The Dundalk Eagle : 2020-07-30

PUZZLES : 42 : 42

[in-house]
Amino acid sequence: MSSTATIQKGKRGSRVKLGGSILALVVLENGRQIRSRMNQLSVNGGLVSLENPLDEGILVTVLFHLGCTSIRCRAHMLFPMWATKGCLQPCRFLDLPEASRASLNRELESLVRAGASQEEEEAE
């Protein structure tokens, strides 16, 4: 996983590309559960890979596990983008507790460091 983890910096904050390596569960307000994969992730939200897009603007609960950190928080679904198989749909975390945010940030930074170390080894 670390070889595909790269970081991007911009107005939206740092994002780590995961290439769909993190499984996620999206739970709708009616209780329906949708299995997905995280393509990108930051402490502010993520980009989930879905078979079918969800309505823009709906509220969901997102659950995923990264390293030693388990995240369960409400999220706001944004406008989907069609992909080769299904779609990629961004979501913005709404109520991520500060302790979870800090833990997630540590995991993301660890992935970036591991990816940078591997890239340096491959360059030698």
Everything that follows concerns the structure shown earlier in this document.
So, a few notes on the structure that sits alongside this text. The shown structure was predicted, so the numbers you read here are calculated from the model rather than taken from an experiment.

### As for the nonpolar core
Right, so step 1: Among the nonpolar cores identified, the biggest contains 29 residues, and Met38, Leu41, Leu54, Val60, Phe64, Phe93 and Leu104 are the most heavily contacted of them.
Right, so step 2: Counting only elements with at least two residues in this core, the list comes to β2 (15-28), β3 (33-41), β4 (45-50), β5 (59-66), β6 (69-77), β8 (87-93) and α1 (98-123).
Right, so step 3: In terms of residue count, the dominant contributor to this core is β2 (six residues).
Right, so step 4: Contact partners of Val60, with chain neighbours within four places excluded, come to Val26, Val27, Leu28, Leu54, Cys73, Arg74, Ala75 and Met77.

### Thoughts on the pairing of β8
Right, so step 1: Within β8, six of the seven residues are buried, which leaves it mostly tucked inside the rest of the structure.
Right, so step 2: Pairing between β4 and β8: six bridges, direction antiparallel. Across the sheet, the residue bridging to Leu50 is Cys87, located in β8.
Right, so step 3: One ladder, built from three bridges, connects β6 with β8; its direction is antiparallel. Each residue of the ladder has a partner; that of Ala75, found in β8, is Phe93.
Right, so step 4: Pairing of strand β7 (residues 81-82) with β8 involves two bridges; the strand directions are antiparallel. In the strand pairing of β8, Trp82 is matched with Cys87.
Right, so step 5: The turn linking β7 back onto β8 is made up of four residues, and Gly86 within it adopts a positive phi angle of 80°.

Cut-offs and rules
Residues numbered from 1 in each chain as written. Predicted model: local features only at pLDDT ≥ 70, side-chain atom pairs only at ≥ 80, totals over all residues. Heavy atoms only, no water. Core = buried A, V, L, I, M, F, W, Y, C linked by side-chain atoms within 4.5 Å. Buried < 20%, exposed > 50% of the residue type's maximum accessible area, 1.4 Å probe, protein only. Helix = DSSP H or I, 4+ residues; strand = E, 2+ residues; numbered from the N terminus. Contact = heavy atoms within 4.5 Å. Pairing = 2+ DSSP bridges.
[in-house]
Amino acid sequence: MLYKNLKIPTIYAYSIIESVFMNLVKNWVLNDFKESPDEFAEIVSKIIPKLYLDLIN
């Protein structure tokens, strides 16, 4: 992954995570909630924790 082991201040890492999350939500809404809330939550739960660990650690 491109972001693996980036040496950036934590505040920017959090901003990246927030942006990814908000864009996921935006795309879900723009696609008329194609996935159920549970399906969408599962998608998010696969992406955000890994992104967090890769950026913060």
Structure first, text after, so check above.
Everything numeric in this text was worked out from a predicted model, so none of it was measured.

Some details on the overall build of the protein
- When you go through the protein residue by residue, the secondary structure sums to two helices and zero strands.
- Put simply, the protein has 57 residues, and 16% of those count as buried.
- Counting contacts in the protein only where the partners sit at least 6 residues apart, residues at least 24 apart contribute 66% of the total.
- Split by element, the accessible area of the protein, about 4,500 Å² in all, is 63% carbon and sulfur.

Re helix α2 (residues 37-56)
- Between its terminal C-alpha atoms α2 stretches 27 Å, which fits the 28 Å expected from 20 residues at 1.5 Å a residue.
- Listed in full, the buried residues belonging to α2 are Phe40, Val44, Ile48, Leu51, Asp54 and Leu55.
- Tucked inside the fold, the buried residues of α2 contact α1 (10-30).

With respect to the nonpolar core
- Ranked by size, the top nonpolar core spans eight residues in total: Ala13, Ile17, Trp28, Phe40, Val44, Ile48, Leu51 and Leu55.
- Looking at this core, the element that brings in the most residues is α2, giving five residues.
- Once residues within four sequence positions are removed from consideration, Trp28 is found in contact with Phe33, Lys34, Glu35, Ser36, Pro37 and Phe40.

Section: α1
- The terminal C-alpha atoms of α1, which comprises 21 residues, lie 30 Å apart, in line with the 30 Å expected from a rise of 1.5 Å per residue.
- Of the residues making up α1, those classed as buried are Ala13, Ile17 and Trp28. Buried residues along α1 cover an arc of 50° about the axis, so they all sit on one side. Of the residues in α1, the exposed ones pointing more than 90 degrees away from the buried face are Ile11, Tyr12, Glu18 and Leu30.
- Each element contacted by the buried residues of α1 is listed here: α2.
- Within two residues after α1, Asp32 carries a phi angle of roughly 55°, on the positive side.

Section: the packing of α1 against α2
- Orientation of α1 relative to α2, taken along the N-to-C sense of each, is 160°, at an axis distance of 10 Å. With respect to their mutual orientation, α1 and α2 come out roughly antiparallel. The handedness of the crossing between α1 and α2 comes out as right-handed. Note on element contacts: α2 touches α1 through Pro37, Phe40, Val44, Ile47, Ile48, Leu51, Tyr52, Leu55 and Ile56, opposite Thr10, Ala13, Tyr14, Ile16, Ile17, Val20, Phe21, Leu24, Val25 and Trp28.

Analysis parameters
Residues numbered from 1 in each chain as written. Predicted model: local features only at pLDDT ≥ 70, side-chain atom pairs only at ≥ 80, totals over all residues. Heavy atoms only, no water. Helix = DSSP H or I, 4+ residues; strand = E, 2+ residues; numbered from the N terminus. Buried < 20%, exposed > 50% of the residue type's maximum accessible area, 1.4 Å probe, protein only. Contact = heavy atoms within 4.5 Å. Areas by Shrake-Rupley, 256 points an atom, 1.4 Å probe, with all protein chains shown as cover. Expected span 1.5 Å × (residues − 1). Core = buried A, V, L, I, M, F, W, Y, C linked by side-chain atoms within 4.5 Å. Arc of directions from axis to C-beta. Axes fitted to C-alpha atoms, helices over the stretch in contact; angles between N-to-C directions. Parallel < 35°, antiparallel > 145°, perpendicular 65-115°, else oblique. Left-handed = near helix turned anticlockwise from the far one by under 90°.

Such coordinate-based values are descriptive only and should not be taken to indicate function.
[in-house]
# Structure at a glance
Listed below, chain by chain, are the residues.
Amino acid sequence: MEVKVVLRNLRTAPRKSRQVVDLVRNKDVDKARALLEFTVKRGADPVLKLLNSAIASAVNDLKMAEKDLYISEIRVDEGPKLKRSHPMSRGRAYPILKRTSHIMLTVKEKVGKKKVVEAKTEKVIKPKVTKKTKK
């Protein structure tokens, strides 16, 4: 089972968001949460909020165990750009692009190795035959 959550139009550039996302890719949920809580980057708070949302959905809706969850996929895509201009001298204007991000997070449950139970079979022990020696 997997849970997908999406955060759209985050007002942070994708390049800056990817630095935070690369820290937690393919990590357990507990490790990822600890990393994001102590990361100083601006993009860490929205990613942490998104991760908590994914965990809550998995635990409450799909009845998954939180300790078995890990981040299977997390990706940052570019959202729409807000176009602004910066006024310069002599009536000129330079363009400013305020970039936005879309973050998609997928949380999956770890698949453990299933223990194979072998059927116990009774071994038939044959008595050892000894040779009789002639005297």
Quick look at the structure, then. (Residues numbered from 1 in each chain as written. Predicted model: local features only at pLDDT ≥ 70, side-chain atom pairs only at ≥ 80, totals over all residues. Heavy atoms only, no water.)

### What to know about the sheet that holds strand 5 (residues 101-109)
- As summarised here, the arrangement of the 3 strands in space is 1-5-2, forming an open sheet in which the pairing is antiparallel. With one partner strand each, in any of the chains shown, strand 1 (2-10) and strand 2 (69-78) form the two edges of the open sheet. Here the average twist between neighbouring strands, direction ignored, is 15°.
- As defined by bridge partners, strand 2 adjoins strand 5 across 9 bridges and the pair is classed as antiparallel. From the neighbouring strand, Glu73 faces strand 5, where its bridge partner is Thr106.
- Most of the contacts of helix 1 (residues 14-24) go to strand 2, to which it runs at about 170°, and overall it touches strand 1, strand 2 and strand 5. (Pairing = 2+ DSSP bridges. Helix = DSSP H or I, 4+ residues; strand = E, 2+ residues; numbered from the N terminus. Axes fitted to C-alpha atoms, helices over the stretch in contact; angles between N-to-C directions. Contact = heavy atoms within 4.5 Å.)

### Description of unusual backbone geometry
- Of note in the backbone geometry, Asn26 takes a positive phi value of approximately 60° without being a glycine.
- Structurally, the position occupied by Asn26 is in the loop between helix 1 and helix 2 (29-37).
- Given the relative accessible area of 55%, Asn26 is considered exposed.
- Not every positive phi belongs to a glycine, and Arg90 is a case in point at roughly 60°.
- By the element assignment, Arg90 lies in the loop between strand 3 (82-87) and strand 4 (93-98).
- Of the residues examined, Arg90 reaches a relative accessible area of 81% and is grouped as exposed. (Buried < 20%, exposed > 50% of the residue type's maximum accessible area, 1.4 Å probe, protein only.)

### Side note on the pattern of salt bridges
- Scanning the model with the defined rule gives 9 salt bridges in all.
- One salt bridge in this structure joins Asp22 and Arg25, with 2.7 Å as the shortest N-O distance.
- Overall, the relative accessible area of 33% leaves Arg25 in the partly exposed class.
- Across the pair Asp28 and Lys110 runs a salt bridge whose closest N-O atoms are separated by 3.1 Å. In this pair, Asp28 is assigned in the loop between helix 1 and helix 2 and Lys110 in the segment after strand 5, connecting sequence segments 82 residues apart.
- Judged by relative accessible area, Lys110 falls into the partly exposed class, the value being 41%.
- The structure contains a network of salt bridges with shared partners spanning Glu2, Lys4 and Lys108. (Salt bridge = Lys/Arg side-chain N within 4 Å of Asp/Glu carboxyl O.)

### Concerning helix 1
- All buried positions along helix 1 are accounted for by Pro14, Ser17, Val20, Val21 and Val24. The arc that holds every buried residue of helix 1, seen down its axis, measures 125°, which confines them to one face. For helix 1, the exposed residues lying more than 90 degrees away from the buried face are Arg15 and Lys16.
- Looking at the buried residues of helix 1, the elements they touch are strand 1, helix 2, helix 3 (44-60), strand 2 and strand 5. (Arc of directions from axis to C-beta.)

Page 42 The Dundalk Eagle July 30, 2020 STATEWIDE ADS NOTICE OF SERVICE OF PROCESS BY PUBLICATIO­N STATE OF NORTH CAROLINA FORSYTH COUNTY IN THE GENERAL COURT OF JUSTICE DISTRICT COURT DIVISION 16 CVD 5228 BALTIMORE COUNTY BOARD OF LIQUOR LICENSE COMMISSION­ERS TOWSON, MARYLAND 21204 410-887-3191 FAX 410-887-3970 STAY INFORMED NOTICE IS HEREBY GIVEN THAT THE FOLLOWING PERSONS HAVE FILED APPLICATIO­N TO SELL BEER, WINE AND/ OR LIQUOR AT THE LOCATION STATED: PATSY BEASLEY Plaintiff VS. David K. Steele of t/a Sunset Cove 3408 Red Rose Farm Rd. Baltimore, MD 21220. Applicatio­n for change of THE DUCK, LLC MARIO BEASLEY Corporate Officers and Change of Class from Class D to Class B Defendant (on sale) Beer, Wine, Liquor License from Charles Michael of The Duck, LLC t/a Sunset Cove. (1:00 p.m.) (15) TO: MARIO BEASLEY TAKE NOTICE that a pleading seeking relief against you has been filed in the above-entitled action. The nature of the relief being sought is as follows: Complaint for Absolute Divorce. HEARING UPON THE APPLICATIO­N ABOVE WILL TAKE PLACE VIA WEBEX, DUE TO COVID-19 AND GOVERNOR HOGAN’S EXECUTIVE ORDER. ANYONE WISHING TO ATTEND THE HEARING SHOULD DIAL IN TO WEBEX NUMBER 1-240-454-0887 ACCESS CODE 732 237 119# You are required to make defense to such pleading not later than 1 September 2020, and upon your failure to do so the party seeking service against you will apply to the Court for the relief sought. August 17, 2020 MONDAY: This the 10th day of July, 2020. Avenue Newspaper PUBLISHER: Patsy Lucinda Beasley Plaintiff 3709 Stoney Glen Drive Winston-Salem, N.C. 27107 (336) 287-5648 BOARD OF LIQUOR LICENSE COMMISSION­ERS FOR BALTIMORE COUNTY Charles Klein, Chairman Susan Green, Member Thomas Kaiser, Member Publish dates: 23 July 2020, 30 July 2020, and 6 August 2020 2913417 AVE/DE 7/30,8/6/2020 2913126 DE 7/23,7/30,8/6/2020 Get Ahead of Inspection Issues As either a buyer or seller, the home inspection is a critical part of a real estate transactio­n. If you can’t start from a personal recommenda­tion, visit the American Society of Home Inspectors’ website (www.homeinspec­, to find certified inspectors who have met training requiremen­ts and must adhere to a profession­al code of ethics. Check Angies List, Yelp and Google for reviews. You should plan to be present for the inspection so you can ask questions and be sure all areas are inspected. The findings of the inspec tor can decrease a home’s value or require sellers to spend cash up front to repair problems before the sale. For buyers, it’s imperative to choose a reliable, thorough home inspector who will ferret out both existing and potential future issues that could lead to expensive repairs later. Potential Problem Areas Choosing an Inspector Some seemingly minor problems could be missed on inspection and cost the future owners a pile of cash. Here are some areas of which to be mindful. Basement moisture. Do not let your inspector gloss over any musty odors in the basement. These odors likely mean that water has gotten into the basement causing mildew and mold, and will likely continue to be a problem in the future. In an unfinished basement, problems could be easier to spot than in a finished basement, where trouble could lurk behind the walls, in the ceiling and under flooring. Peeling paint or wallpaper, water stains, swollen baseboards or Some home inspectors offer a warranty on their work, but many do not. Even if you do have a warranty and the inspector misses a big issue with the home, proving the issue existed at the time of the inspection can be difficult, and your chances of recovering your costs to fix the problem aren’t good. This means it’s very important to work with a profession­al you can trust to find issues in a home into which you’re considerin­g investing a large amount of money. Start with your real estate agent’s recommenda­tions for inspectors. Also check with family and friends to see if they have an inspector they recommend. Inspection lifted floor tiles in a basement all can signal issues with water. The use of air fresheners in a basement should be concerning as it could be intended to mask odors. Also be on alert for poor drainage around the outside of the home. A grade that slopes toward the home can lead to water collecting around the foundation and leaking into the basement. Window droplets. Droplets hanging out between panes of double-paned windows often let you know that the seals on the windows have stopped functionin­g properly. Don’t overlook this issue, as it will absolutely cost you money down the road when the home gets drafty and you have to repair the seals or replace the windows. address issues that might pop up later. Also be on the lookout for areas outside your inspector’s expertise, such as roofs and chimneys, septic tanks, geological issues if the property is on a steep grade, asbestos and swimming pools, to name a few. Ask your real estate agent or attorney if he recommends any additional inspection­s. Some areas may not be accessible during an inspection. A driveway, deck or patio that can’t be accessed during the inspection due to rain or snow could harbor problems that will manifest themselves later. Consider either delaying the inspection until the area is accessible, or ask the seller to pay for a home warranty to The Limits of an

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